Letter Dated May 20, 1992, Regarding Alternative Method of Disposal for Contaminated Plastic Test Tubes
See the letter from R. E. Cunningham to K. B. Asarch (Diagnostic Products Corporation) dated June 26, 1992.
The letter responds to a request that the NRC provide a written position on: (1) the licensee's proposed method for decontamination and disposal of radioactively contaminated test tubes; and (2) whether there is a specific requirement for NRC licensees to obtain NRC approval of this disposal method pursuant to 10 CFR 20.302 [or, at present, 10 CFR 20.2003].
It is the NRC's position that each licensee must make an adequate survey of trash prior to disposal as required by 10 CFR 20.201 (b) [or, at present, 10 CFR 20.1501 (a) (2)]. If the trash is not known to contain radioactive material and its radiation exposure levels are not distinguishable from background, it may be disposed without regard to radioactive material disposal procedures (i.e., ordinary or non-radioactive trash). This would be the case with test tubes that are decontaminated (such as washed with bleach) and surveyed prior to disposal. This does not apply for decay-in-storage wastes as it is already known to contain radioactive material. Decay-in-storage waste must be held for the length of time specified in the license condition or in the regulations (generally 10 half-lives).
Licensees are required by 10 CFR 20.201 (b) [or 10 CFR 20.1501 (a) (2)] to make surveys that are "reasonable under the circumstances to evaluate the extent of radiation hazards that may be present." A licensee must be able to demonstrate to NRC inspectors that the method of survey used is capable of detecting the presence of radioactive material in the test tubes. If a licensee survey bulk groups of random samples of the test tubes rather than each single test tube, then the licensee must be able to demonstrate that their survey method is sufficient to detect all radioactive material prior to disposal. Preferably, licensees will document their tests to demonstrate survey adequacy.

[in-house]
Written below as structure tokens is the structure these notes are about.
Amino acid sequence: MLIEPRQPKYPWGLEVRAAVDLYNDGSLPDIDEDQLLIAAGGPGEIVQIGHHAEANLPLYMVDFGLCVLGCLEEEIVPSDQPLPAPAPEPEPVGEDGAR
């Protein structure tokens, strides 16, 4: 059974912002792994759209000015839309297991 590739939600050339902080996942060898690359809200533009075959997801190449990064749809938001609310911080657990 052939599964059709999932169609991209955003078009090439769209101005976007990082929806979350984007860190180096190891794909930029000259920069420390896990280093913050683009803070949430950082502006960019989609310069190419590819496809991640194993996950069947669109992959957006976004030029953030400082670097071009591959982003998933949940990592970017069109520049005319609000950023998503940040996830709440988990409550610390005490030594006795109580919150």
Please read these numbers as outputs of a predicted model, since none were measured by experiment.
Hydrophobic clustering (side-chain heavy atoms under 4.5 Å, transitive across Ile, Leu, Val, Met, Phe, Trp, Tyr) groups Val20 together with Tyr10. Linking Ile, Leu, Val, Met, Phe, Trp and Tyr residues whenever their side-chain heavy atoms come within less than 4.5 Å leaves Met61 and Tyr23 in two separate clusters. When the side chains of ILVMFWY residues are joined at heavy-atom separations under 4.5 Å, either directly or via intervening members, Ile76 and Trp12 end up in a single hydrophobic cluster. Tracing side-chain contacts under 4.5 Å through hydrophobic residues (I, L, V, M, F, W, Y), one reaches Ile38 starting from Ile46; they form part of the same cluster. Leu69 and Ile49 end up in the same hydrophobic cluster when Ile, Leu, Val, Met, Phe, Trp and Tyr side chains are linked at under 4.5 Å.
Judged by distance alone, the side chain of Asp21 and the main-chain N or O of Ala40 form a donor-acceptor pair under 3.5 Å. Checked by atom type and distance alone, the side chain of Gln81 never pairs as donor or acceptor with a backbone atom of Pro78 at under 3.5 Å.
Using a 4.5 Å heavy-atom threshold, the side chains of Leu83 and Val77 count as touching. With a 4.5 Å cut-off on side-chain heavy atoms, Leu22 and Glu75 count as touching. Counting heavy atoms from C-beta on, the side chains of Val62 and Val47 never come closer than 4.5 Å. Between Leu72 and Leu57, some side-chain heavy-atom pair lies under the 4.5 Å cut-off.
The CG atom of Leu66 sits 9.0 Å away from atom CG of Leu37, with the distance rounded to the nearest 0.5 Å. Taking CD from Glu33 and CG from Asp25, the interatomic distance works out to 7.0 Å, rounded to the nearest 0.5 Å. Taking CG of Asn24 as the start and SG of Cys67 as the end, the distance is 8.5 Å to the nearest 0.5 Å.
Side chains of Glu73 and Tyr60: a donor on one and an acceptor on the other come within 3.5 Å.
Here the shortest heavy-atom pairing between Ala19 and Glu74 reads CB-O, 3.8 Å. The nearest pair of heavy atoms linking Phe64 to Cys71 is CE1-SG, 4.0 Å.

Licensees are currently allowed to dispose of liquid effluents pursuant to 10 CFR 20.303 [or 10 CFR 20.2003], and if the test tubes are no longer contaminated, there are no controls on their disposal. Therefore, regarding the second request, it would not be necessary to obtain NRC approval for a practice specifically allowed by the regulations.
On January 1, 1994, the revised 10 CFR Part 20 becomes effective for all licensees. At that time, 10 CFR 20.2003 will limit disposal of licensed material into the sanitary sewer system. The limiting value for monthly average concentrations is 2 x 10-5 microcuries per milliliter for iodine-125, assuming that iodine-125 is the only radionuclide released into the sanitary sewers. The comparable limit is 4 x 10-5 microcuries per milliliter for release of soluble iodine-125 in the current Part 20. When a licensee implements the revised Part 20, the allowable release concentration drops by a factor of two. Regardless of how the test tubes are disposed, any releases of licensed material into the sanitary sewer system must meet the requirements of the current 10 CFR 20.303 or 10 CFR 20.2003 after implementation of the revised 10 CFR Part 20.
Regulatory references: 10 CFR 20.201, 10 CFR 20.303, 10 CFR 20.1501, 10 CFR 20.2003
Subject codes: 9.0, 9.2, 9.7
Applicability: Byproduct Material